Above the trees.

Tuesday morning we got up early and drove to Great Smoky Mountains National Park. It is the most visited National Park, with over 12 million visitors a year. And it is stunning.

We made it up to Newfound Gap overlook, which lies on the Tennessee/North Carolina State line, as well as the Appalachian Trail.

I’ve hiked the Appalachian Trail (100 feet of it!)
Standing in 2 states at once.

Then we drove up to Clingman’s Dome and walked up the steep climb to the observation tower for 360 degree views above the treetops. Clingman’s Dome, called Mulberry Place in Cherokee, was sacred to them. It is 6643’ high – the highest point in Tennessee.

View from Clingman’s Dome.
Clingman’s Dome observation tower.

After the park, we drove another 9 1/2 hours to Little Rock. One more National Park and then home tomorrow.

Three firsts.

We left Virginia early Monday morning, headed for the newest US National Park – New River Gorge National Park. It took us into West Virginia, my very first visit to the state.

The park is home to the New River and a 3000 ft long steel arch bridge, which was the longest in the world when it was built in 1977. Located in the Appalachian Mountains, the New River is actually one of the oldest on the continent, according to the NPS app (which I highly recommend if you’re a National Park geek).

The new bridge over the New River.
The New River gorge and its old bridge.
Sandstone Falls on the New River.

Visiting the park was a 2nd first for me. The 3rd first was grabbing my first geocache in West Virginia, for which I earned this nifty virtual badge. 🙂

Tuesday morning we’re in Tennessee, headed for the Great Smoky Mountains National Park. Stay tuned!

…And by car.

We left Annapolis yesterday, driving home to Austin. Our route takes us very close to four US National Parks along the way. So, we must see them!

Sunday’s park was Shenandoah National Park. It was the created in 1935 amongst the Blue Ridge Mountains. The winding, two-lane Skyline Drive takes you through the park along the ridge-tops with dozens of overlook parking areas along it. We drove it for 60 miles. The trees were turning red and gold. It will be even more stunning in a week or two.

Mid-week lake play.

We rafted up overnight with Julie and Ryan last night, grilling up dinner once they tied up to us after sunset. It was a new moon night, dark and clear.

The only other boat in the cove with us, as we enjoyed the sunset.

The temps were perfect, but no wind overnight.

Thankfully the winds came up around 10AM this morning and Monte and I enjoyed a lovely sail up to the yacht club and back.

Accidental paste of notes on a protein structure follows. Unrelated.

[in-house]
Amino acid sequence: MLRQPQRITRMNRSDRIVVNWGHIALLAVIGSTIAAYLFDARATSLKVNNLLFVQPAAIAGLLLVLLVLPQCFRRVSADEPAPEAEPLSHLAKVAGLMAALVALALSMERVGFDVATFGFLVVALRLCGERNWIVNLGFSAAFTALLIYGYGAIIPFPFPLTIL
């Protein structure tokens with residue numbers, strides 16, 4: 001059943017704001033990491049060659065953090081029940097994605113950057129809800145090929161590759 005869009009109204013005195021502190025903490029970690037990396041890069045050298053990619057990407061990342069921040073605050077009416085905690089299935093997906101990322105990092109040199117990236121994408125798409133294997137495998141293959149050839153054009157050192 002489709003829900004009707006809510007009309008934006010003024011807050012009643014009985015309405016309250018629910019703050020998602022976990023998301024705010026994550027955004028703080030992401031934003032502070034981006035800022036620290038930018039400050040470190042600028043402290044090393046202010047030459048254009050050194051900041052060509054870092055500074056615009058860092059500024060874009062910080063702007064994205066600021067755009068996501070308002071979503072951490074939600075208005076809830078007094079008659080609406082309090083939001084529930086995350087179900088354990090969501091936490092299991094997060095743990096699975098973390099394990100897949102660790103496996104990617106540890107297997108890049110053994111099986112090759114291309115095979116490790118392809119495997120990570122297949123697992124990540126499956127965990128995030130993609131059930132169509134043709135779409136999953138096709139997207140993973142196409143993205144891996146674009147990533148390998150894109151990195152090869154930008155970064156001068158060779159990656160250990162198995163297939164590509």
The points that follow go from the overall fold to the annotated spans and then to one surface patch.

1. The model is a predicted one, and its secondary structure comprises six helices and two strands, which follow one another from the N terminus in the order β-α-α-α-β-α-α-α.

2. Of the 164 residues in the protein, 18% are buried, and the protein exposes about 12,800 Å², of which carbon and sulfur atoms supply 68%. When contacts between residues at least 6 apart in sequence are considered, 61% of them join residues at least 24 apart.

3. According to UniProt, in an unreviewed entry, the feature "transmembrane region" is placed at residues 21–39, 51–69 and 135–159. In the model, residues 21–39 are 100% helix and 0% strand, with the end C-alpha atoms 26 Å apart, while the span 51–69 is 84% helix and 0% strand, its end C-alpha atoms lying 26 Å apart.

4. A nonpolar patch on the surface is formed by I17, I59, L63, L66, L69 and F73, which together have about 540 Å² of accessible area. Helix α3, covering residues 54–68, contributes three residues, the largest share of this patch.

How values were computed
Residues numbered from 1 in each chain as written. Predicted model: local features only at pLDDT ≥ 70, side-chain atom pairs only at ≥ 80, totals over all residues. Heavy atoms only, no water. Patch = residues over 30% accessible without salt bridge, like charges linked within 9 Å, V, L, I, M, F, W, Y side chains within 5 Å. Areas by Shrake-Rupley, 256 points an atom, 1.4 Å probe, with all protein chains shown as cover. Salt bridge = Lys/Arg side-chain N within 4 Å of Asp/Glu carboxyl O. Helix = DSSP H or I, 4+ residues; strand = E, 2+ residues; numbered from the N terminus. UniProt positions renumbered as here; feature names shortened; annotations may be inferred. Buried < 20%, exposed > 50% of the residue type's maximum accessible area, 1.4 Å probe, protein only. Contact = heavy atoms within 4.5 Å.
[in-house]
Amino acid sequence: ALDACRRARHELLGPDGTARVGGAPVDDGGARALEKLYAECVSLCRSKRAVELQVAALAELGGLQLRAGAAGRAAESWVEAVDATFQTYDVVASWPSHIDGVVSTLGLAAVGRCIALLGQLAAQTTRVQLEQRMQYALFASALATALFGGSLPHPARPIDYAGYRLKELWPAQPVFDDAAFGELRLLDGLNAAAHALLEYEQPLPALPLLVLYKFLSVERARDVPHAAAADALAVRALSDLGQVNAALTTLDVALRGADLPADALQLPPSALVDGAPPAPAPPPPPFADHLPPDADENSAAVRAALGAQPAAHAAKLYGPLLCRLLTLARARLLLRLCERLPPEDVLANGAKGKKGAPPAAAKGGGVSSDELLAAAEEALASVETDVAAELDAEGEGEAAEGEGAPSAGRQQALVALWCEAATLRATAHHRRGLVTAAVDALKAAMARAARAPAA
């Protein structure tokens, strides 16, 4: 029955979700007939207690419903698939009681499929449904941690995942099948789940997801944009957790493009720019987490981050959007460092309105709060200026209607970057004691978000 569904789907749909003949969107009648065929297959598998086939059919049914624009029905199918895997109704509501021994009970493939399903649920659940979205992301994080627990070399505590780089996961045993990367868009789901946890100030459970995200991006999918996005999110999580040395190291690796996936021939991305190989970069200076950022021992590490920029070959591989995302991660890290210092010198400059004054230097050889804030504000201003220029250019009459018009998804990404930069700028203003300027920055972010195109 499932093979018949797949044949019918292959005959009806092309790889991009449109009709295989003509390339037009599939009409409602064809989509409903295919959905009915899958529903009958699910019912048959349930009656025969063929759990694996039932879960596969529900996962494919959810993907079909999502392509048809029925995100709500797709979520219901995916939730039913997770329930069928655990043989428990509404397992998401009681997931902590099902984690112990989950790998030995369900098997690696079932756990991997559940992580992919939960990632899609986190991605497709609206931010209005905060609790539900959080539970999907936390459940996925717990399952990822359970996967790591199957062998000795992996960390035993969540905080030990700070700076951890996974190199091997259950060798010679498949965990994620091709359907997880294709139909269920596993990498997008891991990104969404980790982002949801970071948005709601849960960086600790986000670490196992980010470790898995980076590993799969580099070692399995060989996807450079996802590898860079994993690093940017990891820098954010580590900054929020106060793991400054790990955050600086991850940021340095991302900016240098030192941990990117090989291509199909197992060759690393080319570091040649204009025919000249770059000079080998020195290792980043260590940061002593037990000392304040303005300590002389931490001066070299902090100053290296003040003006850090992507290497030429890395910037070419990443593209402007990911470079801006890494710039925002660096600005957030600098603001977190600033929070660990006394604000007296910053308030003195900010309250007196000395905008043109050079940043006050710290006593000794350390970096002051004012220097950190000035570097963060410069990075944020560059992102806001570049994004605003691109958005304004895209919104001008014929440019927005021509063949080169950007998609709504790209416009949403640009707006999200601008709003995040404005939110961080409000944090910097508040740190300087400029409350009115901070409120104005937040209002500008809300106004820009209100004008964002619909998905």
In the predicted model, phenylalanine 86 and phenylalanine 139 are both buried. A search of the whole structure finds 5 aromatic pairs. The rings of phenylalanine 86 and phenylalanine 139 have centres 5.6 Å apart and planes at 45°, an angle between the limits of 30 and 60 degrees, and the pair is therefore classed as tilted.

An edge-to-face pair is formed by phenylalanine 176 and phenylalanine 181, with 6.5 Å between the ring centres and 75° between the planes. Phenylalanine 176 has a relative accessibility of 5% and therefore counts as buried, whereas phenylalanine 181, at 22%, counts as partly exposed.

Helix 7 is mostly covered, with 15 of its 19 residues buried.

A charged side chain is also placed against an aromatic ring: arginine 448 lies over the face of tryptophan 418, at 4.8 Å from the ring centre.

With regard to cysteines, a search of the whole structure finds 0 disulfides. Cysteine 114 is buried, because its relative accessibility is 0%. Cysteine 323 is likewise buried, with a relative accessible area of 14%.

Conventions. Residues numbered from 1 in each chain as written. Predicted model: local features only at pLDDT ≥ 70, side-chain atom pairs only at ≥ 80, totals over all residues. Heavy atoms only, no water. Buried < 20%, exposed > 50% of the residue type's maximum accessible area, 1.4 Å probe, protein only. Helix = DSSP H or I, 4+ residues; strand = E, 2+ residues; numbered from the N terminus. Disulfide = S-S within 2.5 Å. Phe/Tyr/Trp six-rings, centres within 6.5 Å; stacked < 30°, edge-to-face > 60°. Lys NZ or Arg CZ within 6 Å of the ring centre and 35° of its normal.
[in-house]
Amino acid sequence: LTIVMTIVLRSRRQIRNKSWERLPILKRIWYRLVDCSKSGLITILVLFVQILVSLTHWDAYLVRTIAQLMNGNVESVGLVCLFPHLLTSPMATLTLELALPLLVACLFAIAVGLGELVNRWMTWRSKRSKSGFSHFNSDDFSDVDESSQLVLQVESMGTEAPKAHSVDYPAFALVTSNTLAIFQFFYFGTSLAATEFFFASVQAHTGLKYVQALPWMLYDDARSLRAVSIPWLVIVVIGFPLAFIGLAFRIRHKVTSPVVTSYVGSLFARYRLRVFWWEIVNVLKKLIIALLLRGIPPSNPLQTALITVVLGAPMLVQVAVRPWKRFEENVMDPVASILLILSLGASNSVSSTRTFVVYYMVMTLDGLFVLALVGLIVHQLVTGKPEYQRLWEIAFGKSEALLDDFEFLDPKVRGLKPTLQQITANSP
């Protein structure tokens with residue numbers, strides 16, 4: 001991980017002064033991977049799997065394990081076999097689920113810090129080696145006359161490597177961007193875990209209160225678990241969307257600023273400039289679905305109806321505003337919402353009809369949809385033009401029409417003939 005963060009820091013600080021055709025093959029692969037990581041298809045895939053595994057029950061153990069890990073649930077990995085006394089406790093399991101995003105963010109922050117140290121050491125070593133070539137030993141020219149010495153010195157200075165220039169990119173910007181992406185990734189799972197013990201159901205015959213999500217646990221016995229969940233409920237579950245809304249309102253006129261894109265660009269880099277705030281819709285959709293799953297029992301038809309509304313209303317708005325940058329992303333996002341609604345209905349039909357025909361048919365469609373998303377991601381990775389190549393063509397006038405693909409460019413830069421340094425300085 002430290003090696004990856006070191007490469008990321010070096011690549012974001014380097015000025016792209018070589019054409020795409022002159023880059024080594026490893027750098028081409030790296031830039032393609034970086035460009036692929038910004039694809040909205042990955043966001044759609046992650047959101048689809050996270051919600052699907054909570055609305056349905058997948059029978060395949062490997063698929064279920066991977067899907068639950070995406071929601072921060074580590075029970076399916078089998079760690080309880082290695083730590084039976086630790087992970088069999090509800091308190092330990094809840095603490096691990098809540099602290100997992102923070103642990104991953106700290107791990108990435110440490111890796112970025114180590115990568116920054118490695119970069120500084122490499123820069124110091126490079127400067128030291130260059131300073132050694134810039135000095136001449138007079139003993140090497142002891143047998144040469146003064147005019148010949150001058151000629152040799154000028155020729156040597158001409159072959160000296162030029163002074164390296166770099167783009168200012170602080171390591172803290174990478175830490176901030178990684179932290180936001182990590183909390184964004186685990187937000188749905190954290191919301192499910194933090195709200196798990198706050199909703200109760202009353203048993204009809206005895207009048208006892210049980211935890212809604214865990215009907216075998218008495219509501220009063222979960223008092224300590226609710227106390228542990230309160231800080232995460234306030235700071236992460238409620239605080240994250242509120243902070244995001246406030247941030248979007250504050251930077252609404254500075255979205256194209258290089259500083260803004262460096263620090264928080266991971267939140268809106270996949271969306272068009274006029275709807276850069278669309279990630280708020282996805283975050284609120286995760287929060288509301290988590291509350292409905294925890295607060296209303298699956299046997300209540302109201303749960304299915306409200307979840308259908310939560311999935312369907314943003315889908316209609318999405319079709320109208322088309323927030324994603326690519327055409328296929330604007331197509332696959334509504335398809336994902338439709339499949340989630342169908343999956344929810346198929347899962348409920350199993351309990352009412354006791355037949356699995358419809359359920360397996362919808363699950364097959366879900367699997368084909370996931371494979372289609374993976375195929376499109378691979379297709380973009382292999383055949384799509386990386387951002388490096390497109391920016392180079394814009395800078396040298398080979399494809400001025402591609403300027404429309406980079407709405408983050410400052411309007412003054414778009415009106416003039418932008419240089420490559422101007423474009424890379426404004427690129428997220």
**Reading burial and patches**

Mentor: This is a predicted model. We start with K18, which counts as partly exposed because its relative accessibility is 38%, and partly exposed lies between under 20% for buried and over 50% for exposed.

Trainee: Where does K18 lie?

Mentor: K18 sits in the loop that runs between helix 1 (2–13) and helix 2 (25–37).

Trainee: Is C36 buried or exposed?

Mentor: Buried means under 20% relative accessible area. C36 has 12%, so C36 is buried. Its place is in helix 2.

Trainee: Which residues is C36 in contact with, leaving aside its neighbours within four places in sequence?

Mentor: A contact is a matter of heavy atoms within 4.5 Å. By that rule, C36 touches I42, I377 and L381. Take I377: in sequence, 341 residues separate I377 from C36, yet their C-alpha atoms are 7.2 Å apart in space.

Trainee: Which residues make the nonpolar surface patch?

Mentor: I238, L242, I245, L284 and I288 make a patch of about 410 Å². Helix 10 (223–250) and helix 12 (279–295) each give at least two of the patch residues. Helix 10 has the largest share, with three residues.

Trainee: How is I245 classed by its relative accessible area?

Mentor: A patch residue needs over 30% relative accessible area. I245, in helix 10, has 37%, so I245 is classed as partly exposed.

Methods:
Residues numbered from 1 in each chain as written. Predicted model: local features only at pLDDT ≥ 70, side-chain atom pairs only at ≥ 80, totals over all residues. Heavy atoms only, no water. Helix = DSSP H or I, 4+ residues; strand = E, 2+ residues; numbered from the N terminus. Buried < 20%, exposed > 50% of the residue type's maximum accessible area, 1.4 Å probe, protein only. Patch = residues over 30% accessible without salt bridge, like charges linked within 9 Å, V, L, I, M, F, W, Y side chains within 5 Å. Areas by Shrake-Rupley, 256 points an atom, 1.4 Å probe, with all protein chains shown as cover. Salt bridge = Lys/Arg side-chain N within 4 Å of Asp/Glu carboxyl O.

A good day.

It’s alive!

After the prolonged deep freeze we experienced in February, our giant sago palm appeared to be dead. Until about a month ago, I saw no signs of life. I’m very happy to report that now it is teeming with new growth. Yay, Nature!

Quasi-normal.

Yesterday Monte and I drove out the Texas wine trail to our favorite wine-club vineyard to pick up our May box of wine. It’s a big deal for us. We’ve deferred picking up our wine boxes for over a year because of COVID. But the winery is now open by appointment, so I booked us for a pickup, a tasting, and some lovely charcuterie.

Zinnias!

I’ve missed our drives out here. The visit to the winery was very nice. The wine was delicious, we saw the tail end of some lovely wildflowers, did a little antiquing, and grumbled about the return of traffic on the way home.

We’re back.

Last week was busy. We rescued Nirvana from the boatyard, brought her home, and I spent the next few days schlepping 100 lb batteries up and down the ramp, and Monte made sure they worked. The old ones lasted 5-6 years. The new ones will hopefully perform similarly.

Out with the old. One starter battery and two house batteries. The big ones weigh 100 Lbs each.
She’s back home and shiny!

We got everything installed in time to race the beer-can regatta on her with Kurt and Kevin and she flew with her new bottom. We think she’s at least a knot faster.

Then over the weekend we anchored in the cove for a sunset grilled dinner. Nice. Very nice. We had our annual first jump in the lake, finally, a week or so past the usual Memorial Day dip. It was fantastic.

Ahhh, sunset.

Thriving.

It’s been raining since the end of April in Central Texas. A weird happening. It’s so humid and WET outside. The plants are loving it though.

Purple coneflowers in their 4th year blooming with little help from me.
Our sago palm is finally showing signs of life after the big freeze.